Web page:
A woman holding a manual.

Ulziisaikhan Sodov, founder of the Dukha Culture and Development Center in 2016 in Tsagaannuur soum, in Khuvsgul province.

Dolgormaa Sandagdorj, GPJ MONGOLIA

Losing traditions

Ulziisaikhan and some older Dukha point to the transition from socialism in the early 1990s as the point when things began deteriorating drastically.

During the socialist era, the Dukha worked in state farms and fisheries for a fixed salary, while all reindeer belonged to the state. After 1990, that salary vanished, forcing many to return to the taiga to hunt. Some had to slaughter their own reindeer for food and sell their antlers, while many animals died of diseases.

“It was very hard during the market economy,” says Uvugdorj, who at that time would spend the day looking for deer antlers to trade for a bowl of flour. “Sometimes, I would come back home empty-handed.”

While the worst is probably behind them, things aren’t necessarily easy now, especially for the elderly. Young Dukha families continue to leave the taiga for urban areas once their children reach school age, leaving grandparents behind. As a result, taiga-dwelling Dukha are progressively declining.

There’s also some tension with the environmental authorities over the taiga’s protected area status — 90% of the ancestral territory of the Dukha located in Mongolia is now under strict laws protecting the area’s glaciers, plants and animals, many of them endangered. While 288,000 hectares of land (over 711,600 acres) were vacated for the Dukha, many say there isn’t any game to be found there, nor is it enough to move reindeer every two weeks, as the custom dictates.

“Everything is renewed, and our traditions keep being lost,” says Ulziisaikhan. “Now [with the] special protection, the reindeer herders don’t eat much meat,” she adds. “We only eat three, four pieces of meat, or soup with a lot of flour, and the consumption of white flour is very high.”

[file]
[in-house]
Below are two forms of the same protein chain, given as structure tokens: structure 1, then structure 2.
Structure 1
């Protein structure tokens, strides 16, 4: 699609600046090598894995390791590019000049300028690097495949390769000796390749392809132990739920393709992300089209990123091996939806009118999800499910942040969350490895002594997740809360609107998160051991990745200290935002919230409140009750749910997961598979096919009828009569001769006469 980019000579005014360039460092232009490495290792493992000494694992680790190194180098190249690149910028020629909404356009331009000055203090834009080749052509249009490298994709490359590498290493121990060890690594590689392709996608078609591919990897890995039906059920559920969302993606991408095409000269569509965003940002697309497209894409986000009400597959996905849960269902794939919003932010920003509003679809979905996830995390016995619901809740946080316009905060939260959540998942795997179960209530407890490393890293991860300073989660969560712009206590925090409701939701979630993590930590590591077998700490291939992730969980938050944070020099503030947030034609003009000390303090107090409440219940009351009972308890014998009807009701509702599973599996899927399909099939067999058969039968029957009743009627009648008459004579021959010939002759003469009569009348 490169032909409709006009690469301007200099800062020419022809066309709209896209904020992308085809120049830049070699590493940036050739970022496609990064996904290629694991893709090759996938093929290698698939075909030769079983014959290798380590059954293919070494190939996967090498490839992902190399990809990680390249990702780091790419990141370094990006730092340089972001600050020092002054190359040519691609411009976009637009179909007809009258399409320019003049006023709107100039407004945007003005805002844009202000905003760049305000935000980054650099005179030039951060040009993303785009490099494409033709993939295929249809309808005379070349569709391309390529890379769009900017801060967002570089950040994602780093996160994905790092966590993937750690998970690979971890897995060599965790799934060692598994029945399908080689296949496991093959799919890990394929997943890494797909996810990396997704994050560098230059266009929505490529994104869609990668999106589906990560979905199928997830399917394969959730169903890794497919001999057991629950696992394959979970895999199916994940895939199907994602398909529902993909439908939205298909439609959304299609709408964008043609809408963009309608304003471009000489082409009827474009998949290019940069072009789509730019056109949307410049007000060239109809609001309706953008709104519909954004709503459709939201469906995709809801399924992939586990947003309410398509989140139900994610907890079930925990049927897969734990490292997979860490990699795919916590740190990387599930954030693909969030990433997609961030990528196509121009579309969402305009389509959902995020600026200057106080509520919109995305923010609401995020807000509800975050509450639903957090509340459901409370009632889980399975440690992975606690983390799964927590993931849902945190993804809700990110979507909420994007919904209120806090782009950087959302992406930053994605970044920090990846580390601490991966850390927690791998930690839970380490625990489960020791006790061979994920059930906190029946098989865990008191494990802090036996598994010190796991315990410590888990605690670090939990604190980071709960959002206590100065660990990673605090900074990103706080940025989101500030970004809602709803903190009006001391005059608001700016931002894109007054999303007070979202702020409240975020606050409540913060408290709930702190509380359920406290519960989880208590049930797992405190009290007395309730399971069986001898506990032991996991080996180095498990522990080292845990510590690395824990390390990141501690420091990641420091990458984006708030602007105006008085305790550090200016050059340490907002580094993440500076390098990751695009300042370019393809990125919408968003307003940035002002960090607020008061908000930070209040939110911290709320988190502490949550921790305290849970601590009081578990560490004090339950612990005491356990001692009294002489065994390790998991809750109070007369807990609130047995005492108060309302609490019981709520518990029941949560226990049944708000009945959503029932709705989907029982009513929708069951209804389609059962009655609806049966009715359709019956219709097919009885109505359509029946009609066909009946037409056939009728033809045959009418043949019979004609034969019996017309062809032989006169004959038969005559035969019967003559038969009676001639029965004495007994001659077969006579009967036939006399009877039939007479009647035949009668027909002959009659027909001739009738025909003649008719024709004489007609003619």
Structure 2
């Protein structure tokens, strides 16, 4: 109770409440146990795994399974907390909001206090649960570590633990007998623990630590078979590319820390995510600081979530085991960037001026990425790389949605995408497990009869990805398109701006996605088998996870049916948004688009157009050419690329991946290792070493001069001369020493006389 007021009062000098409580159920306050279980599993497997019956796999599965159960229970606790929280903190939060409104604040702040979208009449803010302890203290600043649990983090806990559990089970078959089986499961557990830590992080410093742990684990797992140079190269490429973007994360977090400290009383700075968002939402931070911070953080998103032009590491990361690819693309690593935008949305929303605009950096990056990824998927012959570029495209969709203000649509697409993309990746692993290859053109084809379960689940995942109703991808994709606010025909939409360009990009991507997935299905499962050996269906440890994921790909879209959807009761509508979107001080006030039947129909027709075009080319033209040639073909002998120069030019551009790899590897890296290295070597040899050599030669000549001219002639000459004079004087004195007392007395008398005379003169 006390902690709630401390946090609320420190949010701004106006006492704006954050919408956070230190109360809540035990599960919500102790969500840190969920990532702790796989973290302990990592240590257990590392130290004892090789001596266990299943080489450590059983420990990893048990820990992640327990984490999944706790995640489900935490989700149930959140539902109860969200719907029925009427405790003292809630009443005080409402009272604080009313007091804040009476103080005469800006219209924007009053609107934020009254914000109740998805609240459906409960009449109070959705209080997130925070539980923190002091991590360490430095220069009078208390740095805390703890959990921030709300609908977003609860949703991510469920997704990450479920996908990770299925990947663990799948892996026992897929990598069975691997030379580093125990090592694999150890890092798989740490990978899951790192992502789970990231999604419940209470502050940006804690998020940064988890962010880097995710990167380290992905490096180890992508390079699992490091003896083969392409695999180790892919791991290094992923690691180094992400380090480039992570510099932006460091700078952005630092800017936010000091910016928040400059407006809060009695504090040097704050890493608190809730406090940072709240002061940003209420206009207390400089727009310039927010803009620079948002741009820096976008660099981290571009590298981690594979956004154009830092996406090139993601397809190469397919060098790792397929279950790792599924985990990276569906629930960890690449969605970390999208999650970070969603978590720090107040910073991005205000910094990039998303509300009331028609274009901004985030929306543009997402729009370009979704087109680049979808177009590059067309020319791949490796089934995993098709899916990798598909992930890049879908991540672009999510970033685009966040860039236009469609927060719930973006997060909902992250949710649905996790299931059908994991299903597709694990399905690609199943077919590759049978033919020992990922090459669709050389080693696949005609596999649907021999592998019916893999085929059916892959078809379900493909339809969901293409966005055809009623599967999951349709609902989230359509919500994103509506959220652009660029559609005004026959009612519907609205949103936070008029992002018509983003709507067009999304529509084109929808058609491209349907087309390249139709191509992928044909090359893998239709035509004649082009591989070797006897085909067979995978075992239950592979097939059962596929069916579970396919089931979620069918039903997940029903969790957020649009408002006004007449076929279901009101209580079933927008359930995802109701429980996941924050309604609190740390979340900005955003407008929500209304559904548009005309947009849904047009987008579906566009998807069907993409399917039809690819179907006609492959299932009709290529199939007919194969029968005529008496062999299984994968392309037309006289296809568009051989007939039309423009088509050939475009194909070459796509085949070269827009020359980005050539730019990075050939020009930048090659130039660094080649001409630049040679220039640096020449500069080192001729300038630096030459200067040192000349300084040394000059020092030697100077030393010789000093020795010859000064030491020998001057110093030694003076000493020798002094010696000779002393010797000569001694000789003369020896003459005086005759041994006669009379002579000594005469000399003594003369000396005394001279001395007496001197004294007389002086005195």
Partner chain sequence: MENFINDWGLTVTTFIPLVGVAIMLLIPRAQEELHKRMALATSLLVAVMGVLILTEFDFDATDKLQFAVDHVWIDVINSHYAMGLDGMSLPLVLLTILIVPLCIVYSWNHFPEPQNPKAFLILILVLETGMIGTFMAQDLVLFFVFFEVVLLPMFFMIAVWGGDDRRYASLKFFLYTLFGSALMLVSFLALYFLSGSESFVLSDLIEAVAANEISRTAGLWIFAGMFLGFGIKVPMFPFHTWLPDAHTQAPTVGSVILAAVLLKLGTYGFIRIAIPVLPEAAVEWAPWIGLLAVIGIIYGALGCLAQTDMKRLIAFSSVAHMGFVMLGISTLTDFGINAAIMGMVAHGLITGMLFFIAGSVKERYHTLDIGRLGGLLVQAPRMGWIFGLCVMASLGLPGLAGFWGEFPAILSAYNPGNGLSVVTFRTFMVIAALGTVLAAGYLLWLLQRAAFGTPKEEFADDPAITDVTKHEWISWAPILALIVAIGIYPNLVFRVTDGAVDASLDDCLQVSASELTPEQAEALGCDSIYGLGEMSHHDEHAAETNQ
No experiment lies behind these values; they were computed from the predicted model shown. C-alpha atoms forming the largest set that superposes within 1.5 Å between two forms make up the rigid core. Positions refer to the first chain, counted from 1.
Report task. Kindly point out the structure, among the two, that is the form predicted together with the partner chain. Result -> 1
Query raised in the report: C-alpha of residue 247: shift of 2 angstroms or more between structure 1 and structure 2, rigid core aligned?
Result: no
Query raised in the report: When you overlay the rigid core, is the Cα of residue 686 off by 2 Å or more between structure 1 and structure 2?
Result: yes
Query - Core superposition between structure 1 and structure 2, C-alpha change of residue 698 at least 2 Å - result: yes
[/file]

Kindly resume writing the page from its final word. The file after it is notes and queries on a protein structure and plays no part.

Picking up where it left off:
For Tumursukh Jal, head of protection administration for the Ulaan Taiga Strictly Protected Area, the new status has curbed such illegal activities as mining and poaching. He says herders resent the special protection status because it limits their ability to poach. “This is a land big enough for perhaps a nation in Europe, let alone for 2,000 reindeer and 300 people to live on,” he says.

A real museum

In 2013, one year after the then-president of Mongolia visited the area for the first time, the government established a monthly allowance for all adults who live in the taiga and herd reindeer; children up to age 18 receive half of the allowance. Currently, the allowance is set at 240,400 Mongolian togrogs (70 United States dollars), and 382 Dukha receive it.

More welcome changes came in 2022, when a Dukha-language program was introduced for the first time in Tsagaannuur soum’s school. Classes are available as an optional course once a week to children in grades four and up. Out of the school’s 560 students, 200 are Dukha, says Sanjaa Myagmar, who was the school principal at the time of the interview. Last year, 98 students enrolled in the language class, including Dukha and Darkhad, a Mongolian subgroup living in Khuvsgul province.

It would have been better if the government developed tourism.

But teachers struggle with a lack of appropriate textbooks — materials come from nearby Bayan-Ulgii province and Russia’s Republic of Tuva, where different varieties of the language are spoken.

“The Dukha used to speak their native language fluently until the early 1990s. Now less than 10% speak it,” Ulziisaikhan says. She laments how little support the government lends to preserving Dukha traditions, and says, for example, that the cash allowance for those living in the taiga should come with an obligation to speak the Dukha language. “It would have been better if the government developed tourism … by effectively introducing what the main culture, food and values of Dukha people were like.”

While that doesn’t happen, she’ll keep fighting to turn her center “into a real museum,” Ulziisaikhan says, modestly. “I want to show the amazing history of how the ancient Dukha people lived in the past and how they do now.”